intelligence units around the world. The Department of the Treasury’s Executive Office for Asset

Forfeiture administers the Treasury Forfeiture Fund, a federal fund for forfeitures that are the

result of actions by selected participating agencies, and DOJ administers a separate assets

forfeiture fund.156 Some observers have advocated for certain U.S. seizures of Venezuelan assets

be redistributed to a charitable trust to benefit the Venezuelan people or placed in an account for

152 Abrams t est imony, August 4, 2020.

153 U.S. Depart ment of St at e, Bureau of Int ernat ional Narcotics and Law Enforcement Affairs, 2020 INCSR, March

2021, vol. 2. 154 Joshua Goodman, “ U.S. P rosecut or in Miami T arget ing Venezuela Graft Is Leaving,” AP , August 14, 2020.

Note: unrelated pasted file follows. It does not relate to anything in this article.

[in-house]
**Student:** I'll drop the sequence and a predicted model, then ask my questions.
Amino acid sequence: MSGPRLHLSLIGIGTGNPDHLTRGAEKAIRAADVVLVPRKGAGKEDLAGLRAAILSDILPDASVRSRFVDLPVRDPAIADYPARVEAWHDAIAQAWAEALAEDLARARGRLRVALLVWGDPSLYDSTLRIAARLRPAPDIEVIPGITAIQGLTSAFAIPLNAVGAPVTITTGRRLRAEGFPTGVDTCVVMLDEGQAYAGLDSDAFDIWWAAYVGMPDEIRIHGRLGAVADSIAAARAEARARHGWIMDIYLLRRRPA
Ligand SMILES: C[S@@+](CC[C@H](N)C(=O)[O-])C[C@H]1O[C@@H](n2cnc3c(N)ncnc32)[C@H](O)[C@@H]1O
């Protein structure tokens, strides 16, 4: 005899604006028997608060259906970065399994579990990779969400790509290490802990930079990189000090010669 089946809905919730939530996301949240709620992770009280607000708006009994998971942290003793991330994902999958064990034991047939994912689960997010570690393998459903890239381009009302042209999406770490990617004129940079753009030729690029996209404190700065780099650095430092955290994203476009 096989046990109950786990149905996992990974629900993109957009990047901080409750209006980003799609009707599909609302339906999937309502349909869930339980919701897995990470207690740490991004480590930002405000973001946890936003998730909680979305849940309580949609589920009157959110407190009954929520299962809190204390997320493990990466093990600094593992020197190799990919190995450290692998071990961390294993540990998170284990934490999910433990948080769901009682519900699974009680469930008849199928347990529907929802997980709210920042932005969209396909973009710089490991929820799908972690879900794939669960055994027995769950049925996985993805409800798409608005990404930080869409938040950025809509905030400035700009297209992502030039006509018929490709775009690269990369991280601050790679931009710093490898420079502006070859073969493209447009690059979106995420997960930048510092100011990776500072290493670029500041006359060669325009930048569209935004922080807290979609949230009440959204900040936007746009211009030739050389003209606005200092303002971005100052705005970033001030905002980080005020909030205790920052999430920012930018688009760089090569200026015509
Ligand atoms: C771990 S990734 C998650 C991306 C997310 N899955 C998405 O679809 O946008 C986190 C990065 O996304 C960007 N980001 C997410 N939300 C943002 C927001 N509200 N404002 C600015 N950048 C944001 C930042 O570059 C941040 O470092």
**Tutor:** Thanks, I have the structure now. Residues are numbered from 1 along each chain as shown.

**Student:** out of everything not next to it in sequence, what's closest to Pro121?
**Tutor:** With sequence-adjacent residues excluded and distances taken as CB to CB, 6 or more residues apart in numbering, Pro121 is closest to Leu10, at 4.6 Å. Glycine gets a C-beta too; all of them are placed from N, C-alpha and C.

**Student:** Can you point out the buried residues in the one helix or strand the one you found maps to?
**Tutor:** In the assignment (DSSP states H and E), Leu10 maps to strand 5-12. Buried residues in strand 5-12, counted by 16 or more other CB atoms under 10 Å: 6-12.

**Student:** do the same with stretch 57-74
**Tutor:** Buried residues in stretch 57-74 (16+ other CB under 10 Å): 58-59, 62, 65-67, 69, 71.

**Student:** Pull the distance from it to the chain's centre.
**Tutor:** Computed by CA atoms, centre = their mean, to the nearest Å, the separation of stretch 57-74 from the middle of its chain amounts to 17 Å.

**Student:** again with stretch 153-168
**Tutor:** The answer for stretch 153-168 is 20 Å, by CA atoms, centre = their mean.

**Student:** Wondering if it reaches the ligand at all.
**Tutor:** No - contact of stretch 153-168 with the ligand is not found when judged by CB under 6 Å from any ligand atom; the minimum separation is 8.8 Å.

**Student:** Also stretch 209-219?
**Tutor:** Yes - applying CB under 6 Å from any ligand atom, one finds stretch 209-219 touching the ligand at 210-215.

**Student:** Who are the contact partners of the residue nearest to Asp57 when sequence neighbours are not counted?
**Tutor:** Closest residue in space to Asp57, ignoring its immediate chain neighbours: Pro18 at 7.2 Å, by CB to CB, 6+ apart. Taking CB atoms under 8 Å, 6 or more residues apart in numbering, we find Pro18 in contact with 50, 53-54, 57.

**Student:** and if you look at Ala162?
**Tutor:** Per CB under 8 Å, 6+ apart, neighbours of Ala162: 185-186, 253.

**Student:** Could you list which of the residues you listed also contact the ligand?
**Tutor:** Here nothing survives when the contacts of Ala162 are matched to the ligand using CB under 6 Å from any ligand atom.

155 U.S. Depart ment of St at e, Report on Recovering Assets Stolen from the Venezuelan People, Sect ion 151 (b) of t he

Furt her Consolidat ed Appropriat ions Act , 2020 (Division J). 2020.

156 T he T reasury Forfeit ure Fund part icipat ing agencies are t he Int ernal Revenue Service Criminal Invest igat ions

Division, U.S. Immigrat ion and Cust oms Enforcement , U.S. Cust oms and Border P rot ect ion, U.S. Secret Service, and

U.S. Coast Guard. For informat ion on DOJ’s asset forfeit ure fund, see ht t ps://www.just ice.gov/afp/fund/.

 

 

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use by a future democratically elected government.157 The Trump Administration reportedly

permitted the Guaidó government to use $20 million in forfeited assets to address the COVID-19 crisis by providing a monthly bonus to health care workers.158

The Treasury Department has helped countries develop the legal and technical capacity to block

transactions and seize assets. Analysts and U.S. officials have urged European countries and banks to intensify their efforts to detect and seize illicit assets tied to Maduro government.159